A house in Beit Hanina (East Jerusalem) is to be demolished today (or in ten days — conflicting reports), displacing or leaving 160 people without homes.
A group of Palestinian-run shops just inside the Damascus gate of the Old City of East Jerusalem were given three days notice last Wednesday of their impending demolition. At the end of Ramadan (in late September), the outdoor displays that these shops have maintained were rather roughly messed up, and the shop owners were ordered to stop putting their wares in the narrow Old City alleys/streets. This is rather near the Old City house with a dominant position in the area purchased by Israel’s former Prime Minister Ariel Sharon (who has been incapacitated in a nursing home for several years), from which a large Israeli flag flies… The spokesman for the Jerusalem mayor and municipality reportedly confirmed that the demolition orders for these shops were handed down by an Israeli court.
The Mayor of Jerusalem, Nir Barakat, is apparently serious about his threat to demolish some 200 Palestinian homes in Silwan (many or all of which were built without permits — probably because many of them were built before Israel captured the area in the 1967 war). Barakat has threatened to do this because the government insists he execute a court demolition order against an illegally-built seven-story building housing Jewish settler families in the midst of Silwan.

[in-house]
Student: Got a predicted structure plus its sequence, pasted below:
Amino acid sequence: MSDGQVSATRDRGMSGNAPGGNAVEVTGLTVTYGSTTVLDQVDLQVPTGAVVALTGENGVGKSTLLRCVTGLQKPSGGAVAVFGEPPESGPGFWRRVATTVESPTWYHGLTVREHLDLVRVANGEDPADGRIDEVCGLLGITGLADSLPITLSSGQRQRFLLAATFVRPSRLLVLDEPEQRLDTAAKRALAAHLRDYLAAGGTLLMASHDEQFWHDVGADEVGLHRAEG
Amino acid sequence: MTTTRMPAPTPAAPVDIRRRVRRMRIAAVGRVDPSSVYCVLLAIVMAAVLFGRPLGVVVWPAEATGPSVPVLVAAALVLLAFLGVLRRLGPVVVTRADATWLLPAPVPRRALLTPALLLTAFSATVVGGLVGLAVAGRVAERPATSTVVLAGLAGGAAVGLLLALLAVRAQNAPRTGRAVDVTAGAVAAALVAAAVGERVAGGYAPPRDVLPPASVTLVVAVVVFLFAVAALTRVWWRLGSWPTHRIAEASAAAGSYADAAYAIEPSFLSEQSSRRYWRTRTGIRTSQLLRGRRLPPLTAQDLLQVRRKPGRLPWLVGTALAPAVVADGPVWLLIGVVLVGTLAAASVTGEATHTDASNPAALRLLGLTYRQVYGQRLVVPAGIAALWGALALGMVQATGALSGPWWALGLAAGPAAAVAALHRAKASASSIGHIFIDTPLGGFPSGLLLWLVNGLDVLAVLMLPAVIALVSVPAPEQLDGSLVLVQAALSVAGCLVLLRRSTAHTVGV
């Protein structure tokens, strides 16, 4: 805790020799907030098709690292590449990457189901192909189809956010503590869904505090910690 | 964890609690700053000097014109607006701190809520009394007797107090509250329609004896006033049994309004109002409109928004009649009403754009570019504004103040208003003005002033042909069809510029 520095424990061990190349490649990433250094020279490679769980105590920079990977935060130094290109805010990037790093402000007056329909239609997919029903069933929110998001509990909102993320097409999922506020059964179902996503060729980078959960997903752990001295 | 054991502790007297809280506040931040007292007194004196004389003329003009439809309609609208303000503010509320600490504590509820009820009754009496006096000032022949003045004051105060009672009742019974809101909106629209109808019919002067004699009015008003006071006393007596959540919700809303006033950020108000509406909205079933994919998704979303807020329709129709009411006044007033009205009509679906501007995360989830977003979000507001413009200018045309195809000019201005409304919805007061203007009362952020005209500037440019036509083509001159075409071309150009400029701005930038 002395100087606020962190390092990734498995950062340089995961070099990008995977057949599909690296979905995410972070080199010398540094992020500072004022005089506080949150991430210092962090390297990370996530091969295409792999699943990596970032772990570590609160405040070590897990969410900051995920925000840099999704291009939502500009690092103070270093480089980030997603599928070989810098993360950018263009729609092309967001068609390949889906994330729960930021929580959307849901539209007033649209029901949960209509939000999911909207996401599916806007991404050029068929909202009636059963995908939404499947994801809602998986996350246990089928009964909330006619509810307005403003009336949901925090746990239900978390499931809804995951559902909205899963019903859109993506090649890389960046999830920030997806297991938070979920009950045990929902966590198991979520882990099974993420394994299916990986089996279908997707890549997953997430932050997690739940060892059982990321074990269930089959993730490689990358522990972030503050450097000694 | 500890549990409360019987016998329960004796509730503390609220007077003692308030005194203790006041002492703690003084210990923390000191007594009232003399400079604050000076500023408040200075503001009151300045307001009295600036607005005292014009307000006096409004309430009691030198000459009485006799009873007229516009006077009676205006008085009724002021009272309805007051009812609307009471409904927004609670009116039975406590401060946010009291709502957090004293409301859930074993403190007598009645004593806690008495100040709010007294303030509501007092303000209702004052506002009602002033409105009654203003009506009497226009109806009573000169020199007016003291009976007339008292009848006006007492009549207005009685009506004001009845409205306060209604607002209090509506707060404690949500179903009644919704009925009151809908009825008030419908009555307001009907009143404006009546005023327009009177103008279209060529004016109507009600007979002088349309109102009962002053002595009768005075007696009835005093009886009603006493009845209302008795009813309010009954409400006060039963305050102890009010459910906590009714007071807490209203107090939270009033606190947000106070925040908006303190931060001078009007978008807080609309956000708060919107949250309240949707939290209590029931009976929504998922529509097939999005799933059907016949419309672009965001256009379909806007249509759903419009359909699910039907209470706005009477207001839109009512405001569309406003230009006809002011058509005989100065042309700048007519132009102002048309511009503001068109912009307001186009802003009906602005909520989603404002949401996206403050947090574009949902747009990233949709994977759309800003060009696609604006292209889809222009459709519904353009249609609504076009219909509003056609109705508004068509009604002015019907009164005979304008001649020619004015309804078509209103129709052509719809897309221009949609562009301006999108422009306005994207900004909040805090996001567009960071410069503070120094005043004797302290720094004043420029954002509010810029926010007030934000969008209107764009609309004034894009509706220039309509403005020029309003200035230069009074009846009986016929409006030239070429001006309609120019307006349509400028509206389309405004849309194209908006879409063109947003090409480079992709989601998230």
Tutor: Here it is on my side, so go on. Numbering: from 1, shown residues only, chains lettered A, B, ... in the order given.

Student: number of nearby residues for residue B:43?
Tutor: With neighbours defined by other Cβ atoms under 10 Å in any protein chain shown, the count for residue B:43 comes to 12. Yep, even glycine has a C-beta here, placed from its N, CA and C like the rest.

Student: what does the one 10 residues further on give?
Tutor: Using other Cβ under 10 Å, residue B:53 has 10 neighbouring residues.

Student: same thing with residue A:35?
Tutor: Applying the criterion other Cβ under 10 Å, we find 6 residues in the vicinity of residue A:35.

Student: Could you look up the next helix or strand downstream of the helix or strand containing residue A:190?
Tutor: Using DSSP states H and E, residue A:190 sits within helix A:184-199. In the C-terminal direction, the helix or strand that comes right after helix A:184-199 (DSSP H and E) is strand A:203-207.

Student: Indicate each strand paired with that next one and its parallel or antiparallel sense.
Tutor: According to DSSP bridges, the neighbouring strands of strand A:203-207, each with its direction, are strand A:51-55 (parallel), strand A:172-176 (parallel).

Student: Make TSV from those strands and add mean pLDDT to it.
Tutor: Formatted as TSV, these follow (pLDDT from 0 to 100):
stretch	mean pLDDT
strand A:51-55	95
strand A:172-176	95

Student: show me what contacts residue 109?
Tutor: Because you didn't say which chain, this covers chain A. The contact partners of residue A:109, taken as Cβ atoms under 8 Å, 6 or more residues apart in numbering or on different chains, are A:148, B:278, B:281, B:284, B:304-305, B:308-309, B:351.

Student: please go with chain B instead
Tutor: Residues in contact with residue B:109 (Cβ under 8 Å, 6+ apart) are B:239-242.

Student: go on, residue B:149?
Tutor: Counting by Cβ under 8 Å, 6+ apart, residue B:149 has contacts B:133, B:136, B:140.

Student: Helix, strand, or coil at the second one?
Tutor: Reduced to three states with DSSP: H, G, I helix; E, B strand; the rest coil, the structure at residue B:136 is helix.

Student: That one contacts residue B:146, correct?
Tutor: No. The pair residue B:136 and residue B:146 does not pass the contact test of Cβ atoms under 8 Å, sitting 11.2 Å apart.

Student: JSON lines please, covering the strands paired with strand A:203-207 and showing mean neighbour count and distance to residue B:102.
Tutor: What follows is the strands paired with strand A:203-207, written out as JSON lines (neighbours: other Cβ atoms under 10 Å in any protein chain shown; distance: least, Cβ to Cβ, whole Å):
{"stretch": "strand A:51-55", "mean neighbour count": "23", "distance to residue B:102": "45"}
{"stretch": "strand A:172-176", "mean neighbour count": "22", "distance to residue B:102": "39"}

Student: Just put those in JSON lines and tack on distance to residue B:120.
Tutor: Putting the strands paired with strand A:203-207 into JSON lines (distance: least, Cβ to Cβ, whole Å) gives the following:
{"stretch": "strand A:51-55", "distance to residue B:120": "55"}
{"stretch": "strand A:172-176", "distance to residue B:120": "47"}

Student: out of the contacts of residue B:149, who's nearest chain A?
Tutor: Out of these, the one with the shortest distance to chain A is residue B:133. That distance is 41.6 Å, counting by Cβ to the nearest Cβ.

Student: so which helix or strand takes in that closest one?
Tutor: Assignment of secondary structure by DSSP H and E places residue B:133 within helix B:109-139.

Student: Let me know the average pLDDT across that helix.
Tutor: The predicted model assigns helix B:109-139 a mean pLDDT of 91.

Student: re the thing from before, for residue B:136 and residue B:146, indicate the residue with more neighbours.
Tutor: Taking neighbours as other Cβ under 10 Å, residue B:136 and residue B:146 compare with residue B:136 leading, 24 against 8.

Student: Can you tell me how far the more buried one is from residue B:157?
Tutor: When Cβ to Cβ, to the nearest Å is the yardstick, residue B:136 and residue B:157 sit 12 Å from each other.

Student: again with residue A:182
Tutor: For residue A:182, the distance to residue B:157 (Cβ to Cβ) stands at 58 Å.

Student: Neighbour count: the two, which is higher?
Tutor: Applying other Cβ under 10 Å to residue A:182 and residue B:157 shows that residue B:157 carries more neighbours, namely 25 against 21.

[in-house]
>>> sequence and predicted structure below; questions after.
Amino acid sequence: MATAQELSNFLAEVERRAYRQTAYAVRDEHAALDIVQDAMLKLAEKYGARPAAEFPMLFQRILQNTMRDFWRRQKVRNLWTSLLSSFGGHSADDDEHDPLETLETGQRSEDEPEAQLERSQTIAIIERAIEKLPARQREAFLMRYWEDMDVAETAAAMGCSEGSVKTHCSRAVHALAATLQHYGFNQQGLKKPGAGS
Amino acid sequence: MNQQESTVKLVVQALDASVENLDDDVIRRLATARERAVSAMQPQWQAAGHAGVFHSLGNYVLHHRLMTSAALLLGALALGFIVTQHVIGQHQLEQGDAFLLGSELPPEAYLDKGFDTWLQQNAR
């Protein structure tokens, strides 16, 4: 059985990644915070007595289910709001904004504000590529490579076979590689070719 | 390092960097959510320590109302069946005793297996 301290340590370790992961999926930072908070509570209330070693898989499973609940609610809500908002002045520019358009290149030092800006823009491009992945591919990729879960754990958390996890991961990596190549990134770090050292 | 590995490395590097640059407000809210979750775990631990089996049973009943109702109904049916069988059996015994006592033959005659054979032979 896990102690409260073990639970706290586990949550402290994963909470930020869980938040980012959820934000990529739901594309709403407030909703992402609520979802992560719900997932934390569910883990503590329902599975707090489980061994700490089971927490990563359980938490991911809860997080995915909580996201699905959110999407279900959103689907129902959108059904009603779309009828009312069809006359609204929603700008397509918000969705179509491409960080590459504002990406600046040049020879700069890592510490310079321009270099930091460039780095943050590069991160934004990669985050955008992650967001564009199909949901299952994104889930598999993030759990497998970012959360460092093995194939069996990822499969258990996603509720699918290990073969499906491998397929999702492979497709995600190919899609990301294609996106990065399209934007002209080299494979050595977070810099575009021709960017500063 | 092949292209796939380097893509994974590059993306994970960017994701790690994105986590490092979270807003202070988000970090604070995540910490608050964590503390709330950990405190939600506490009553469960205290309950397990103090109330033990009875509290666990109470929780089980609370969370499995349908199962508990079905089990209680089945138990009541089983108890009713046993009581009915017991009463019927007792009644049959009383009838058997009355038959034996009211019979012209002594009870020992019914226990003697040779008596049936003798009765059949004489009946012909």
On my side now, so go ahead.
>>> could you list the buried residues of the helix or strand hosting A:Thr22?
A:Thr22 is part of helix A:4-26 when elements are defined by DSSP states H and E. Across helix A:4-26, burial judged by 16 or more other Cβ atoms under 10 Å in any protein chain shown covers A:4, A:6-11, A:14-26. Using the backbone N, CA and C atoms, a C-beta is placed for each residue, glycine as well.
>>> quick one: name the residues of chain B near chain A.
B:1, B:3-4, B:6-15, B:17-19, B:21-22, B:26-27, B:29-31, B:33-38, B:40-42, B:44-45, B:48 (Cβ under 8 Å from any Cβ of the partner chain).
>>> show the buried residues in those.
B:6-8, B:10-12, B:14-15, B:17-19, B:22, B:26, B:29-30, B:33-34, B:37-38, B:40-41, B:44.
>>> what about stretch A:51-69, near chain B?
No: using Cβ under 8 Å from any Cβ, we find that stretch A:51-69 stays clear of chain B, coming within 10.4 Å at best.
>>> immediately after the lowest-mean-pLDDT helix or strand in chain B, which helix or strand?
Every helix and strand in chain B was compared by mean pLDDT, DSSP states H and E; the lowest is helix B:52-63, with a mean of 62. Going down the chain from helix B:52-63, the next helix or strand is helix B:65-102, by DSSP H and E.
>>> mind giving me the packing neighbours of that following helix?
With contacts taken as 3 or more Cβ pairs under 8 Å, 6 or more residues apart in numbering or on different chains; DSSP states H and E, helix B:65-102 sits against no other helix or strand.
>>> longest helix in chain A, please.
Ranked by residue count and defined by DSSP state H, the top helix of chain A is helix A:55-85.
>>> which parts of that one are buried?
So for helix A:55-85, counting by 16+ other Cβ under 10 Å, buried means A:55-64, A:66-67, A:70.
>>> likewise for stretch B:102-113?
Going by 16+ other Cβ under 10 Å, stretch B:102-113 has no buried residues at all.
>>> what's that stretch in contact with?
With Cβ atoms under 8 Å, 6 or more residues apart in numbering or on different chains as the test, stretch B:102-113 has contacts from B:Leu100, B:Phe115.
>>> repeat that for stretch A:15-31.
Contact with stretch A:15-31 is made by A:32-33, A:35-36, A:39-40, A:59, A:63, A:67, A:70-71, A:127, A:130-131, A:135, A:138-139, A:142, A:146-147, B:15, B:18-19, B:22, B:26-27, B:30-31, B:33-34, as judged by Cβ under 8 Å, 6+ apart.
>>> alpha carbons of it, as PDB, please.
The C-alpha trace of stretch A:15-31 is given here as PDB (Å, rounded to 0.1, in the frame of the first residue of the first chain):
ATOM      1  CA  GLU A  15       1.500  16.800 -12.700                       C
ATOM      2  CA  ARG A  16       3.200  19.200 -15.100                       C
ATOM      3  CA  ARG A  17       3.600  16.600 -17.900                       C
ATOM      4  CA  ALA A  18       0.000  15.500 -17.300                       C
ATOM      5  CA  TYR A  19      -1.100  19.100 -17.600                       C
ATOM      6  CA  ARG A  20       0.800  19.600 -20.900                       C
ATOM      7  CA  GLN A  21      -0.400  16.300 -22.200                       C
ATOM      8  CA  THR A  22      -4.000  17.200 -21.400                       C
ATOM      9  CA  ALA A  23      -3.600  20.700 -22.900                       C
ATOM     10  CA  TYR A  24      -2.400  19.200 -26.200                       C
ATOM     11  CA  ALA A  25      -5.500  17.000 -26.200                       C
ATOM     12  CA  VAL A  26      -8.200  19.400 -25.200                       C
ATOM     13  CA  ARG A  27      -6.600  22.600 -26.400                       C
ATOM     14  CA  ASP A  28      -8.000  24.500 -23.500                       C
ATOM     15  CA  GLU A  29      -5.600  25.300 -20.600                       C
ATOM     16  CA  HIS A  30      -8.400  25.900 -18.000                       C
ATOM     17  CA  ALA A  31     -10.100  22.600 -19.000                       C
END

The Israeli military has announced its intention to resume construction of The Wall between the newish settlement of Har Gilo and the ethereally-beautiful Walajee, north-west of Bethlehem.
And, because one Wall is not enough, Israeli Prime Minister Benyamin Netanyahu said in remarks at the start of his weekly Cabinet meeting today that “we will also hold a preliminary discussion on the establishment of a barrier along the Israel-Egyptian border. Israel is the only country in the advanced world that may be reached on foot from Africa … Our decisions in the suggested framework are not designed to deny the right of war refugees’ entrance to into the State of Israel. This issue is not on the agenda and this right will be maintained. However, we will discuss the possibility of building a fence and technological obstacles along the border for several hundred kilometers. In the end, the plan, which we will decide upon at a further meeting, will be spread over several years. The work itself will begin this year” …